More pictures of Indy being a good sport
Indy was such a good sport in this project.  I kept measuring the snood on him and he would hold steady while I snapped some pictures.  He was so steady that I never dropped a stitch or got poked with a needle.  This very good puppy got a lot of cookies, to the extent where Lucky was confused and started asking for cookies, too.  Maybe I need to rename Indy's treats to something else...


Watch the snood grow on Indy.  I tried the snood on him every couple of rows to ensure a good fit.  


By the end of this project Indy started wagging and getting excited each time I called him over because he knew he would get a treat if he was patient with me.  

The first little bit of fringe gives Indy some bangs!
Beginning stages of the fringe application

Enjoy this simple and super adorable puppy Halloween costume!  Lucky loves his lion brother.



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Abbreviations Used in this pattern:
RS - Right Side
WS - Wrong Side
Sts - Stitches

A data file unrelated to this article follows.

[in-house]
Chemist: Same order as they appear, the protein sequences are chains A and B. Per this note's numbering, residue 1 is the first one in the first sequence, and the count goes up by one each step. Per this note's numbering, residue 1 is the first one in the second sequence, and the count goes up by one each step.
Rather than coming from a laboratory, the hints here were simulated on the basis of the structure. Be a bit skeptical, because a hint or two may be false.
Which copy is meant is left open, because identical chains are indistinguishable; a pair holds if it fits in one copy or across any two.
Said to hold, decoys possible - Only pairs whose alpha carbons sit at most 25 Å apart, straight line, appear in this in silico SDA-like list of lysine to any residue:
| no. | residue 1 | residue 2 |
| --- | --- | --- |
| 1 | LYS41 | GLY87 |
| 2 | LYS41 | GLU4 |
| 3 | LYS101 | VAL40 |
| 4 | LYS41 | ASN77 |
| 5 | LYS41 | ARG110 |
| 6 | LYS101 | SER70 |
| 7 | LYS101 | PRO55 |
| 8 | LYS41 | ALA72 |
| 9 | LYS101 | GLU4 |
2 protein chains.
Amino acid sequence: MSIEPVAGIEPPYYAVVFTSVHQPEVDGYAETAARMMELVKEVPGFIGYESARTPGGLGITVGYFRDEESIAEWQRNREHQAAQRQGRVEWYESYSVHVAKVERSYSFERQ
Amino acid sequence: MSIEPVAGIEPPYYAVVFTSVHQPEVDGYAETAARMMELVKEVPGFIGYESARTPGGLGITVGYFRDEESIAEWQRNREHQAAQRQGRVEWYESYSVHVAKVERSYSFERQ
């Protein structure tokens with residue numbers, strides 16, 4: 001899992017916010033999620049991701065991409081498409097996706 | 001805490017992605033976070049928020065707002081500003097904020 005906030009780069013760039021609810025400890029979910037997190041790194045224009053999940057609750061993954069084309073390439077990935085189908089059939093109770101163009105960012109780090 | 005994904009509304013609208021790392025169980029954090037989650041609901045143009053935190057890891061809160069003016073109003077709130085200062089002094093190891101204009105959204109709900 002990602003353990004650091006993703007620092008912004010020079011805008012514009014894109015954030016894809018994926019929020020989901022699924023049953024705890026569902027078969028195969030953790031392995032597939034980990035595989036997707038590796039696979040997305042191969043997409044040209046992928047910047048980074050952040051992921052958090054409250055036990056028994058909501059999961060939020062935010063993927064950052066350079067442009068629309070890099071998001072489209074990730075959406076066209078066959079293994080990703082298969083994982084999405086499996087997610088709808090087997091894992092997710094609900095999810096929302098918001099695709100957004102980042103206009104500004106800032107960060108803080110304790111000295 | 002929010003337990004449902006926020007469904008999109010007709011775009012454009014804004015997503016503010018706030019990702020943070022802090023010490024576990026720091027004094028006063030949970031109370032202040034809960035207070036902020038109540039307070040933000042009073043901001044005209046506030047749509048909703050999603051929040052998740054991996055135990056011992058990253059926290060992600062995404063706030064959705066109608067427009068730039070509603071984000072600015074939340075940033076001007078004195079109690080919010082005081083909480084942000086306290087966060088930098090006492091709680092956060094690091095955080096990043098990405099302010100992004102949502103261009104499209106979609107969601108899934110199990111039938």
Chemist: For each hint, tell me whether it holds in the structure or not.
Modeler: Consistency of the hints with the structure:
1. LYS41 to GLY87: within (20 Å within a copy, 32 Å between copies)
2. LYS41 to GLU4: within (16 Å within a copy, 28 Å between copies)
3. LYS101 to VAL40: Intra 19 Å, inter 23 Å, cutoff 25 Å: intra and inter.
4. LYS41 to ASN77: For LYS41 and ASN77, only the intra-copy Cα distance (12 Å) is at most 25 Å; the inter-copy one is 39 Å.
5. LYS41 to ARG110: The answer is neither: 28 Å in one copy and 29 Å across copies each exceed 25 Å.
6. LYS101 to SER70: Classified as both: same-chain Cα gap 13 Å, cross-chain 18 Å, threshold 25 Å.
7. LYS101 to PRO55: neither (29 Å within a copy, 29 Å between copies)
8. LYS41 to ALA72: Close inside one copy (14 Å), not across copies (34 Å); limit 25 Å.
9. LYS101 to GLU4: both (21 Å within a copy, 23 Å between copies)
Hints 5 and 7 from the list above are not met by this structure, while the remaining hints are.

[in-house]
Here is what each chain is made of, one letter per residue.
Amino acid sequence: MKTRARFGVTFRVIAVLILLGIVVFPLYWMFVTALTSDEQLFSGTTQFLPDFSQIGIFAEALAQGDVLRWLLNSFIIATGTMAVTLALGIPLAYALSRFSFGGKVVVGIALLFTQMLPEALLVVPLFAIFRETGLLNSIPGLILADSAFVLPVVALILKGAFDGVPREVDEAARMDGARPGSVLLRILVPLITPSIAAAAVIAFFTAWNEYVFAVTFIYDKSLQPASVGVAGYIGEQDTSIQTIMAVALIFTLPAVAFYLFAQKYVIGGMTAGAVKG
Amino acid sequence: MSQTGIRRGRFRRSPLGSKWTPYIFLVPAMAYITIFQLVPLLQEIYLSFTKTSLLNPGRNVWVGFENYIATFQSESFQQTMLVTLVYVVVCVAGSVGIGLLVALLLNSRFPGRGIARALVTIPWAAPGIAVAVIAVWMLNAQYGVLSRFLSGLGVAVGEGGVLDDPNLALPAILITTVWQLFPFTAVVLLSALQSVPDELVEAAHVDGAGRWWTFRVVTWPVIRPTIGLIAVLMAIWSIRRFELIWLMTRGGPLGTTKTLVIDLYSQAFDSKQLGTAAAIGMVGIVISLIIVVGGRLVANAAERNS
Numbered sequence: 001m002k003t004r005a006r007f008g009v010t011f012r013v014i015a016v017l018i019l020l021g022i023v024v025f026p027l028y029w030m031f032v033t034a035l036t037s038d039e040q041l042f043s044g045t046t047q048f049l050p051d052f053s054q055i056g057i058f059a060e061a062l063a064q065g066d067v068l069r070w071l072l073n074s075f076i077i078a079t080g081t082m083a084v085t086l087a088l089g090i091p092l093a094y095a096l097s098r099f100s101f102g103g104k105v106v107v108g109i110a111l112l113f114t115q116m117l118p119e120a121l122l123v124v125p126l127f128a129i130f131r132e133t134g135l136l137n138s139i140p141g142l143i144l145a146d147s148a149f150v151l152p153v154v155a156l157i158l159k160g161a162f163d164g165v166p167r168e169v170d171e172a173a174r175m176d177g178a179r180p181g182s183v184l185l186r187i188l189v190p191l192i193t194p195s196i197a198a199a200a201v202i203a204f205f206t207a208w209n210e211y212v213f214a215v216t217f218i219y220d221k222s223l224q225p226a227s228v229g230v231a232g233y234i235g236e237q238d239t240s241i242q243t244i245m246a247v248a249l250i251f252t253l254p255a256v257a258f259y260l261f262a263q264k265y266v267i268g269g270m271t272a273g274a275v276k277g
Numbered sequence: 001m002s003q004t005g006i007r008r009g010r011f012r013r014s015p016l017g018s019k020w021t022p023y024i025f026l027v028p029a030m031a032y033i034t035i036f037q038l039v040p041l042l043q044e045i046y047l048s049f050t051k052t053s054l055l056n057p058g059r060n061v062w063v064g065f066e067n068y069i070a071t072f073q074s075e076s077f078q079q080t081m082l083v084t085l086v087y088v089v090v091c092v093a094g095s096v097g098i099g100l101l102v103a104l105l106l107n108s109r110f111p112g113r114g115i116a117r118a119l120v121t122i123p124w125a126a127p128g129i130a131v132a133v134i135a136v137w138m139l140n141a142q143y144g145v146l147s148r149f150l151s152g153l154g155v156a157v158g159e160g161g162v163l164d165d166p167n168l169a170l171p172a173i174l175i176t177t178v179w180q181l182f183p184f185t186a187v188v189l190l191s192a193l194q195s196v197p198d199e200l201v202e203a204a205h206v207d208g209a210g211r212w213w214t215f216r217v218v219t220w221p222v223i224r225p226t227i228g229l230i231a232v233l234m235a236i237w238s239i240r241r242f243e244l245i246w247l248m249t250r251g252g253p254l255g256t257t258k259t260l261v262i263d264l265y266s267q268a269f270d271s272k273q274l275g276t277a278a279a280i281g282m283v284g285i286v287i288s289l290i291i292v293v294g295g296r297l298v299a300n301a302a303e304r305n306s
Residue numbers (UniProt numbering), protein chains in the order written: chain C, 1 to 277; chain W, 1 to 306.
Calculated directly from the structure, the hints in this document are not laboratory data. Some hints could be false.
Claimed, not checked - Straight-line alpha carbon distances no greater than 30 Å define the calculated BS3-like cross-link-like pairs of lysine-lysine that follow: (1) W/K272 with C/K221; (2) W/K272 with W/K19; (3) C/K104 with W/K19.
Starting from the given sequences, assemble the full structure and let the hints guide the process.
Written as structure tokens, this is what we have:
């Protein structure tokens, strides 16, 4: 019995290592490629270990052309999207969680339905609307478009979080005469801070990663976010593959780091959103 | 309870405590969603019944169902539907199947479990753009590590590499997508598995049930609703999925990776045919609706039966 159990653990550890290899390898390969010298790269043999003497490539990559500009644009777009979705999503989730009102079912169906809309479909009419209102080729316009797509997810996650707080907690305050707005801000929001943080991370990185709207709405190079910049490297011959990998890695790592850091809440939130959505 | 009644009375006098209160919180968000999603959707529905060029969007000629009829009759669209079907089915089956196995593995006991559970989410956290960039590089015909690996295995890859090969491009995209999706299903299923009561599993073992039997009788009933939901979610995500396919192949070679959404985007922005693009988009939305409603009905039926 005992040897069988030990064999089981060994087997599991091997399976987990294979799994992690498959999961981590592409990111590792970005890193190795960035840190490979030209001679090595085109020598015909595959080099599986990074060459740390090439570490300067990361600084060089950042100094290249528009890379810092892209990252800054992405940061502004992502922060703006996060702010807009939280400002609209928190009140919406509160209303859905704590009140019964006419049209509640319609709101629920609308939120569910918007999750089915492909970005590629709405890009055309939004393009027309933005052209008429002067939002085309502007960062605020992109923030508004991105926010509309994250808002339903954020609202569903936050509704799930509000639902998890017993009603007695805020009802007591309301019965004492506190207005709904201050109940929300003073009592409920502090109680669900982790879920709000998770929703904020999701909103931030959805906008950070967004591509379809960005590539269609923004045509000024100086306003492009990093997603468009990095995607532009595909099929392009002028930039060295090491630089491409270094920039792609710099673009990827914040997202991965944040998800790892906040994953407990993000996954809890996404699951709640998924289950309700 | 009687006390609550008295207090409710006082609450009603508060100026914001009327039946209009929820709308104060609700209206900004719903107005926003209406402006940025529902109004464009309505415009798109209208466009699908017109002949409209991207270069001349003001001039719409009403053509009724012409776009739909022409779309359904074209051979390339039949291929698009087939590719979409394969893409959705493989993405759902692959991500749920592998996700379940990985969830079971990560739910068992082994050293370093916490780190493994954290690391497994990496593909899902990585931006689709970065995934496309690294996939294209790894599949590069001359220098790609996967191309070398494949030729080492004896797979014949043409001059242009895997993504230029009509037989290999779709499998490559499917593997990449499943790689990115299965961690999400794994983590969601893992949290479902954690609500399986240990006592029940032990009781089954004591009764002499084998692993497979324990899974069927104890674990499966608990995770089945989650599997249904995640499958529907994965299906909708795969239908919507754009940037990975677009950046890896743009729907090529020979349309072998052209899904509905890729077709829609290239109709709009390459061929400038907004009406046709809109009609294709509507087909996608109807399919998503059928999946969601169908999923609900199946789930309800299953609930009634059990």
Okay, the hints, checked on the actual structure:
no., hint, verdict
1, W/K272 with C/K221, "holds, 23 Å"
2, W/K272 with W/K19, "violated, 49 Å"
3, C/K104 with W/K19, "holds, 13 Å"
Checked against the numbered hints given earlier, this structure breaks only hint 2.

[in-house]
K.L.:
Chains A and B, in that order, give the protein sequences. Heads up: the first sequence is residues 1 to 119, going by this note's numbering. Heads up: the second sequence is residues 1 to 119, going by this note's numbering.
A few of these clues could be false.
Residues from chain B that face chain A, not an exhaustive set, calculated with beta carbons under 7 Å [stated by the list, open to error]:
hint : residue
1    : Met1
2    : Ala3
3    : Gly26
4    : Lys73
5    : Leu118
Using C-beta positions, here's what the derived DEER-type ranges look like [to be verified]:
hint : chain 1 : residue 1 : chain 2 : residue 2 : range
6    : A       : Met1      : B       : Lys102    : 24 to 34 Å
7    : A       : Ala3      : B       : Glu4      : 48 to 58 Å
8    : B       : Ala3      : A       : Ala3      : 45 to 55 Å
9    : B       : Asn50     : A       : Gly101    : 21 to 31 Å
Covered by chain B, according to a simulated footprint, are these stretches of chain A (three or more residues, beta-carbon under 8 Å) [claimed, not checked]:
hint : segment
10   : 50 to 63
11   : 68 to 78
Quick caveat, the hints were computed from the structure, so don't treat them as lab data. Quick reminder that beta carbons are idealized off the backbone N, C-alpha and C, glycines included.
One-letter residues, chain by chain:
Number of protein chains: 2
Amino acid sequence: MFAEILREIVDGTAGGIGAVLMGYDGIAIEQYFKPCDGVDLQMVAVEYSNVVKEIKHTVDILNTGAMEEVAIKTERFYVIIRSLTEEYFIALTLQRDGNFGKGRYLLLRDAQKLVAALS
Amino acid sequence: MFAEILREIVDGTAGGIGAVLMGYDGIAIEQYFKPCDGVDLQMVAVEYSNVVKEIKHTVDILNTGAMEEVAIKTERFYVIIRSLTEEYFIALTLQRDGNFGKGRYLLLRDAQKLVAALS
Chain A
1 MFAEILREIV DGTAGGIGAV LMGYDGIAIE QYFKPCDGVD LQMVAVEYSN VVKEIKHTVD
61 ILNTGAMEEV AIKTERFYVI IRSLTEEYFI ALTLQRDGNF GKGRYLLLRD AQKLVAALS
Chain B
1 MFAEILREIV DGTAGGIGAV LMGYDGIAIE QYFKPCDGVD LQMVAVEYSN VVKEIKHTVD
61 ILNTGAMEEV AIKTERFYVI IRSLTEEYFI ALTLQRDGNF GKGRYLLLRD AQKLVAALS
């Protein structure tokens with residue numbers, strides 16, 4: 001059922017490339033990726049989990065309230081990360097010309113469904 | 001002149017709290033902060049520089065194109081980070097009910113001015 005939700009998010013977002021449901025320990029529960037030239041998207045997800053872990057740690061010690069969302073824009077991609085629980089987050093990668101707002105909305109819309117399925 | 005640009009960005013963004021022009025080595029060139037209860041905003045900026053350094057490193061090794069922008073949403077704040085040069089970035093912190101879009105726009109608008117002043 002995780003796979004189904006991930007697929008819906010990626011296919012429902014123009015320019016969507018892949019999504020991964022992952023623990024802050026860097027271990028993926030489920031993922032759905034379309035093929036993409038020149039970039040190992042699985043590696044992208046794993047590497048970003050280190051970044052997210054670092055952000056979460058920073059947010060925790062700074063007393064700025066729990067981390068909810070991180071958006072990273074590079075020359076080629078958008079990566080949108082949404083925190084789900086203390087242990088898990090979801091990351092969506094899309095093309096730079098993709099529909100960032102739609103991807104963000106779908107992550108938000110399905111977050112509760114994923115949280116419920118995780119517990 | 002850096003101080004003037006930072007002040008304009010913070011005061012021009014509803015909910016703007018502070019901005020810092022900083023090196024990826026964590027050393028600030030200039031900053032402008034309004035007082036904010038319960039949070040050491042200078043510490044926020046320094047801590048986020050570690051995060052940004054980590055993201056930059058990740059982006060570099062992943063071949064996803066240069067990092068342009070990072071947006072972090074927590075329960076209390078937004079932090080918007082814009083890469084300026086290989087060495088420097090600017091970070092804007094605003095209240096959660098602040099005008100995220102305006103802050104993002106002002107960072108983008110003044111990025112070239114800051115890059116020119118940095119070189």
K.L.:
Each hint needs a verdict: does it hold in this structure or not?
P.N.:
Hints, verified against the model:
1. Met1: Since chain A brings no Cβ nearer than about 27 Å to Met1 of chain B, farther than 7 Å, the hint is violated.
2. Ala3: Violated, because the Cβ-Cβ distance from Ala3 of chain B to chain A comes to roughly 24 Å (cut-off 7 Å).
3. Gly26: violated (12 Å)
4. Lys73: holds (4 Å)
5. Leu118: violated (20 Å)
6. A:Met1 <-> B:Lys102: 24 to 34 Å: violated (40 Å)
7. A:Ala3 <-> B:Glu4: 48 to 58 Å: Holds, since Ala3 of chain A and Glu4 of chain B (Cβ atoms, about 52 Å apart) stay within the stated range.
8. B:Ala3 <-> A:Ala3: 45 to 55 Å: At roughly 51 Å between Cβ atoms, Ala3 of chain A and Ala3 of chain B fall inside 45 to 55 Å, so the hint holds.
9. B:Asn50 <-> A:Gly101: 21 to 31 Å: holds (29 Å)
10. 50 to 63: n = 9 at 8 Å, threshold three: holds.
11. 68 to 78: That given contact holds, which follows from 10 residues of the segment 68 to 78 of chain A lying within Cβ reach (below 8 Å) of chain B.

K - Knit
P - purl
CO - cast on
BO - bind off

These knitting pattern was created by ChemKnits for your personal or charity use. You are not to sell, distribute or reprint this pattern without the permission of ChemKnits. © 2015 ChemKnits

11 comments:

  1. Whoops! The YouTube video didn't get embedded in the post properly. Everything should be fixed now.

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  2. What a good sport Indy is, lol. The picture of Lucky kissing Indy is priceless!

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    Replies
    1. The kissing goes both ways. Indy is a very tolerant big brother. :)

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  3. LOVE this! I'll have to try it for my little white fur ball. :)

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    1. We still gets lots of giggles out of it. Plus some toddlers even enjoy wearing it, too! :)

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  4. Totally cute! What a good dog! My dog has broken records for how quickly she's pushed snoods off.

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  5. Totally cute! What a good dog! My dog has broken records for how quickly she's pushed snoods off.

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  6. The last picture of the toddler kissing the dog troubles me. While the toddler's intentions are good, the dog's body language is indicating serious discomfort. The licking shows what behaviourists call "conflict behaviour" i.e. the dog is conflicted about what to do. While this dog may not bite, this is how children are bitten. And the dog always pays the price usually with its life.